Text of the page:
The average gambler loses money to the gambling house largely as a result of poor bank management. Bookmakers can, from time to time, offer very good odds, especially after they have had a few good weeks (often weeks with surprising results, a lot of favorites who lose, etc.) and gamblers’ accounts will be emptied.
Bookmakers know that as soon as they offer some good odds (by that I mean really good odds), the average gambler will very likely deposit more money, and will almost certainly win right away, increasing the balance of his gambling account.
For the bookmaker, this is not a problem at all, because it knows that one way or another, it’s very likely that the customer will not have any money left in the account a few weeks later, due to his poor bank management. The house will see this loss as an investment in the short term, because the average gambler will feel excited about his winnings, and will get greedy, and start to bet more often and frequently, with ever greater amounts. Inevitably, the house makes back their money, plus solid interest.
Professional gamblers know that bookmakers work like this (offering good prices from time to time, getting money in circulation, letting the customer feel like he’s winning, and thus generating more cash flow and, eventually, more money in their coffers). Because of this, professionals wait patiently for the next round, with still better prices offered.
The professional gambler does not let himself get carried away by enthusiasm after a few victories. He knows what to wait for, and acts accordingly. The professional gambler is not necessarily better at predicting the outcome of an event than any other gambler, but he is much better at managing his bank.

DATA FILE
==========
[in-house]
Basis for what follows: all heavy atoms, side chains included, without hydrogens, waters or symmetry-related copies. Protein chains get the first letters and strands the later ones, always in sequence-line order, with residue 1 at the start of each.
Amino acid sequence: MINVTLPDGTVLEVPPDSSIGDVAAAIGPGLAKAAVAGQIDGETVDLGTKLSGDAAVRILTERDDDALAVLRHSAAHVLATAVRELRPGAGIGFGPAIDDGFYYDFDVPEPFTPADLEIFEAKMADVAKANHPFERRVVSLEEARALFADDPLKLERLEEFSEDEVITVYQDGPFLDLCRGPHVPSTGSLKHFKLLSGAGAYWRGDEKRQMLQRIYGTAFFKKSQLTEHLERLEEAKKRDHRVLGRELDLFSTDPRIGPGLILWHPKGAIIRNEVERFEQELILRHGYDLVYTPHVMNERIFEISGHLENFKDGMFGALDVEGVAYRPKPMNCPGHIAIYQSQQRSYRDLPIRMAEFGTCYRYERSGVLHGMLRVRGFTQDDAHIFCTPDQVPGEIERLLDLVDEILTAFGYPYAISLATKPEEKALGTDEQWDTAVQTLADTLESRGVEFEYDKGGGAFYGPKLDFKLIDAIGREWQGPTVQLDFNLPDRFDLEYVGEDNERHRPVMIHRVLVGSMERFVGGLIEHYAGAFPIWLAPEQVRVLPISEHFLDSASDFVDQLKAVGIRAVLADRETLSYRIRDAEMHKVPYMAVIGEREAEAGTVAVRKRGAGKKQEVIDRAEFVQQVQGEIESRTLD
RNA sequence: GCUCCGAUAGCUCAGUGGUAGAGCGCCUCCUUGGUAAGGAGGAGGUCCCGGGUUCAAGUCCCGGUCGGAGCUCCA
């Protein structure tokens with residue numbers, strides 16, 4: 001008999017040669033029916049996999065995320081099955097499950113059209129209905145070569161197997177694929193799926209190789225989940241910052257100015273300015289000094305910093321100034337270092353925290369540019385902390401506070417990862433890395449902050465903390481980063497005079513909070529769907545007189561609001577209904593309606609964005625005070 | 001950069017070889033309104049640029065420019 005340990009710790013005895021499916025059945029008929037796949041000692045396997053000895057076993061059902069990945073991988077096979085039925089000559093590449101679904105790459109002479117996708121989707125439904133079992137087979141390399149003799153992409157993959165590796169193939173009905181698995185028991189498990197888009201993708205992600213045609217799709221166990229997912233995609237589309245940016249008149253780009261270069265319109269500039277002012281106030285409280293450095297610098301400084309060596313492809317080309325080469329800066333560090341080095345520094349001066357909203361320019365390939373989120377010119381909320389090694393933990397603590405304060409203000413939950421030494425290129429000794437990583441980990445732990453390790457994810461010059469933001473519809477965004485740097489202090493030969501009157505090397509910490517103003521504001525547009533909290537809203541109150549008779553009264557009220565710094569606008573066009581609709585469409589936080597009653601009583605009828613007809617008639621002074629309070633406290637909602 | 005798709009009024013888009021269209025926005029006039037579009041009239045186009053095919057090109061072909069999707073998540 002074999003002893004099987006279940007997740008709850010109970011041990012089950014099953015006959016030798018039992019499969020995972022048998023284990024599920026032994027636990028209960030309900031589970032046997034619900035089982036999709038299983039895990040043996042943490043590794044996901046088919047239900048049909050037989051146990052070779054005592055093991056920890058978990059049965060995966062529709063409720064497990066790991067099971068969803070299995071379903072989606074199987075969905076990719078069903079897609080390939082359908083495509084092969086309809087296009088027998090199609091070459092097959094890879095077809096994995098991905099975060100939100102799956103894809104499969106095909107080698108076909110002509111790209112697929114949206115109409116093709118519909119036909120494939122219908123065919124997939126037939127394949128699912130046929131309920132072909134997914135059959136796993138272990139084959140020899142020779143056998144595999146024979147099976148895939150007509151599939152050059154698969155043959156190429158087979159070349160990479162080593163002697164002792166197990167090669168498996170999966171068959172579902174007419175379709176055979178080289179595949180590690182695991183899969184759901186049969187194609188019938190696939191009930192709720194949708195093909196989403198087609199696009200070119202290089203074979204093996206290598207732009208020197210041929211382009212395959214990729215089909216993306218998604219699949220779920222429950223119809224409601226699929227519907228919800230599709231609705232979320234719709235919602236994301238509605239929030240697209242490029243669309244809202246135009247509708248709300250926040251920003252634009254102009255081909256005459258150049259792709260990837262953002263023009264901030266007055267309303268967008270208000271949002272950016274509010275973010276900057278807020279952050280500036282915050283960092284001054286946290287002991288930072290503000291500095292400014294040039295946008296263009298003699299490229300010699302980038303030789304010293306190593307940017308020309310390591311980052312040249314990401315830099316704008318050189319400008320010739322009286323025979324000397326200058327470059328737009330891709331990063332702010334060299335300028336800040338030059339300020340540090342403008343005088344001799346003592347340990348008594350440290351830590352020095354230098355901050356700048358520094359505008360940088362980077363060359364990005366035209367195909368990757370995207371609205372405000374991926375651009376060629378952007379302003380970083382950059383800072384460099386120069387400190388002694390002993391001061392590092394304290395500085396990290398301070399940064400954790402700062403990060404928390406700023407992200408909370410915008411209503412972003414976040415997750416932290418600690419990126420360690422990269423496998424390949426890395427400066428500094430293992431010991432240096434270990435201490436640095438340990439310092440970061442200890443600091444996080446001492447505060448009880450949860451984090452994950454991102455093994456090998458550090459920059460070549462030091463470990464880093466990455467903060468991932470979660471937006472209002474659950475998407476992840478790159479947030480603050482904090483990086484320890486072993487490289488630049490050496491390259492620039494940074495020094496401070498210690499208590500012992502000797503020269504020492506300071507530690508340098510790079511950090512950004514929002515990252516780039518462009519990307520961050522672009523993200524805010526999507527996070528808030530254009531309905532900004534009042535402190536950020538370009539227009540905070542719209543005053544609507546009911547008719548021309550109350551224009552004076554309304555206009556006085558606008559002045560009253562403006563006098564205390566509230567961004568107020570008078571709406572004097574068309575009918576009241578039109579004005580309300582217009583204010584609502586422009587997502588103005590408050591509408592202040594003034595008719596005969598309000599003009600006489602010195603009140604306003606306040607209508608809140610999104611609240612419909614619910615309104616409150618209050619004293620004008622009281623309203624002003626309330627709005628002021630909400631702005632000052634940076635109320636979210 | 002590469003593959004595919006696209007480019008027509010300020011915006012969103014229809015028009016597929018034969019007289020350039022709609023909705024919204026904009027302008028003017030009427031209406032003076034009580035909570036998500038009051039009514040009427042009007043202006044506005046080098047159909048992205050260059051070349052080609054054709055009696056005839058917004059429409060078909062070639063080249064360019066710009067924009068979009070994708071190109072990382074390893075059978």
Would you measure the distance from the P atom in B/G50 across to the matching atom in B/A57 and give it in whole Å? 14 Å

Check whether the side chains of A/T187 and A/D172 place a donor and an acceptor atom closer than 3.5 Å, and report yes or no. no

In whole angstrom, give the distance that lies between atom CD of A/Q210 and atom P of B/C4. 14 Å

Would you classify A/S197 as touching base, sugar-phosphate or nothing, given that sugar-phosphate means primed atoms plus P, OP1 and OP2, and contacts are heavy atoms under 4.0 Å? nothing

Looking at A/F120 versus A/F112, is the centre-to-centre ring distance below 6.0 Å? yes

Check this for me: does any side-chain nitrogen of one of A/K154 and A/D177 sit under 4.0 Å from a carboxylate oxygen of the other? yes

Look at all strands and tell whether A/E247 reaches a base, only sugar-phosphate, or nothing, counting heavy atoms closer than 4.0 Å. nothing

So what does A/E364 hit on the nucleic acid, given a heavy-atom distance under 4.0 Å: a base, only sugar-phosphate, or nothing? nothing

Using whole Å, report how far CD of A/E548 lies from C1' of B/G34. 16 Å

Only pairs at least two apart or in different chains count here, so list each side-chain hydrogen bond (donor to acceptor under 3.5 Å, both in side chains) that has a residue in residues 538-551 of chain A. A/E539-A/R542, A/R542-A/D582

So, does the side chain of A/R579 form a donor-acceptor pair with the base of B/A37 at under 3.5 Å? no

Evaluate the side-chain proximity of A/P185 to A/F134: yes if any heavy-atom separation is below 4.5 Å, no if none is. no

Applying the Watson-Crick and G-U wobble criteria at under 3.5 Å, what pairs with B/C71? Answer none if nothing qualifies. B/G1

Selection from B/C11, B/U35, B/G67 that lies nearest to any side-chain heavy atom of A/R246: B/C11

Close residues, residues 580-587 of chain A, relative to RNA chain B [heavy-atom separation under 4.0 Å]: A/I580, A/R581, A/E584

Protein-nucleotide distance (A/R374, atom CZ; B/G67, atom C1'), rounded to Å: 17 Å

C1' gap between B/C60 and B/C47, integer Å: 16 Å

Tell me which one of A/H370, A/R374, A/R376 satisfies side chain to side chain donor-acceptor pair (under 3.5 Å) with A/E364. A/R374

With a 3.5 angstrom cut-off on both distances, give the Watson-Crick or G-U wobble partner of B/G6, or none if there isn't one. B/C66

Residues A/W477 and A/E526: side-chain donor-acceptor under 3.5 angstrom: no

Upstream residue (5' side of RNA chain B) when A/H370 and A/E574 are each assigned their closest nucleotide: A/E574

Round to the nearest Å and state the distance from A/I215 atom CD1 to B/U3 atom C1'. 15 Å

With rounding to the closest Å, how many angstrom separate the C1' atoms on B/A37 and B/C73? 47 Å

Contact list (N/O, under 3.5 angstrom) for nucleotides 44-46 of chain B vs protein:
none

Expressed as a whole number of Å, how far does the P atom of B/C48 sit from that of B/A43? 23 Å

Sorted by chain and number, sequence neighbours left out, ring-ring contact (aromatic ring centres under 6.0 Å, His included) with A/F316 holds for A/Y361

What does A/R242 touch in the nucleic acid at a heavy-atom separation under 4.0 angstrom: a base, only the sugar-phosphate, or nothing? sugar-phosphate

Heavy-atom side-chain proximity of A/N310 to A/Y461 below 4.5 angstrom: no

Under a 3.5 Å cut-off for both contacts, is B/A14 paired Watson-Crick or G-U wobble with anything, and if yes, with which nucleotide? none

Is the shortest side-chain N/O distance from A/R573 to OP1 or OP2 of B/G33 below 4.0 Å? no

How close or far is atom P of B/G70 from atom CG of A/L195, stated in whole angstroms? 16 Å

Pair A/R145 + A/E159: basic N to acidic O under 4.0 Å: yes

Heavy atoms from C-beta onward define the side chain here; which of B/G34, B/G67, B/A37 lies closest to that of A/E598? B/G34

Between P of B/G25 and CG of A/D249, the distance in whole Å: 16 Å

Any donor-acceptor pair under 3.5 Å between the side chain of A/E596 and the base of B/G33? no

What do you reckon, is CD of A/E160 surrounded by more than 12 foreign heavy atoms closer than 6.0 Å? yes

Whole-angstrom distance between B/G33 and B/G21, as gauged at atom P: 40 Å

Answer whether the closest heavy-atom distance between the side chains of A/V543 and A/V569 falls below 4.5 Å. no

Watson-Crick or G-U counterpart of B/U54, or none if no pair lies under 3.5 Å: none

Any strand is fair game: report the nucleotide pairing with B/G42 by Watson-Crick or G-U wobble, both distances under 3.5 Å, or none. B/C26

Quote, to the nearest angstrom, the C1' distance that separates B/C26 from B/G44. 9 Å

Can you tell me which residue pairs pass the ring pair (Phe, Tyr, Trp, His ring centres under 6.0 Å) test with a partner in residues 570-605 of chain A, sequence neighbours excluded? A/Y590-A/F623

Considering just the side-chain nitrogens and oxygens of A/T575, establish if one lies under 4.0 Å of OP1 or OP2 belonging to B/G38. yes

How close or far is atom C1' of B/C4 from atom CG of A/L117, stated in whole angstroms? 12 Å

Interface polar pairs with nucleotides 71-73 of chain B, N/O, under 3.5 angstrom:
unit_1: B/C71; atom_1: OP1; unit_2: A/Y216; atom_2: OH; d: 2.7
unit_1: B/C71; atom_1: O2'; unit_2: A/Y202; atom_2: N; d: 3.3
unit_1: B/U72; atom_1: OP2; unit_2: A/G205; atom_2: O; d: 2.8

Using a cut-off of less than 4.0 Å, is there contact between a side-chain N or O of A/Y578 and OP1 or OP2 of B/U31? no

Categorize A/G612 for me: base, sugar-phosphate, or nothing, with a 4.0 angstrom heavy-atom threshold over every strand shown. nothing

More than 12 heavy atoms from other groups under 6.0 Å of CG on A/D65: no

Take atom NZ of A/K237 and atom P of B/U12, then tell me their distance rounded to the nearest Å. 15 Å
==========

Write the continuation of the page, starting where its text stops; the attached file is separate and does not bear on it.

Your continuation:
There are 3 money management systems that are widely used by gamblers: Martingale, “Row of Numbers,” and the Kelly criteria. Although these systems are also known by other names, their function is the same, whatever name you use.
Martingale is probably the best known system of bank management. Originally thought up for use in casinos, this system has nothing to do with picking outcomes. Martingale is a system that helps to control your stakes. With Martingale, you can be a terrible gambler, but still win money. However, note that Martingale is a system with a high risk of bankruptcy.
The principle of the Martingale system is as follows:
If you lose, you double your stake, and if you win, you bet a portion of the original stake again. This means that an eventually you will be guaranteed to win. Follow this example: You find a match with 2.0 odds for house to win. You bet €100, but you lose, because the game finishes in a tie. The next time you will bet €20 on a game with 2.0 odds; if you lose again, you must bet €400 on a game with 2.0 odds. If you win that time, you bet a total stake of €700 (100+200+400), and you won €100. The return of €100 will be equal to the amount he would have won if you had won your first bet.
Amazing system, or what?
Certainly, if you had unlimited funds available. Or if the bookmaker lowered its maximum limit on bets. Or if you were calm enough to know how to cope when you run into a long-term losing streak. Remember that with 2.0 odds, you will have to bet 32 times your initial stake if you lose 5 times in a row. And losing 5 times in a row is not too hard with 2.0 odds…. And even when you have lost 5 times in a row, you will have no greater chance of winning the sixth attempt.
A lot of people think they will have to win sooner or later when they lose many times in a row. But the fact is that the chances of winning are the same as when you started the series of bets. Martingale is, in other words, a very dangerous system, and it must be used by gamblers with major funds and no nerves. In my opinion, Martingale is not a money management system for the average gambler, due to its high level of progression.
Row of Numbers
The word to remember for this system is “Die Abstreichmetode.” This is also a well-known system from the casinos, and it has a lot in common with Martingale (recouping losses through increasing stakes). But the row of numbers, then, is not as harsh as Martingale. While Martindale can quickly recoup the amount of the return stakes, plus profit, a Row of Numbers does not recoup your losses so quickly, but it also does not lead to high stakes (like Martingale does).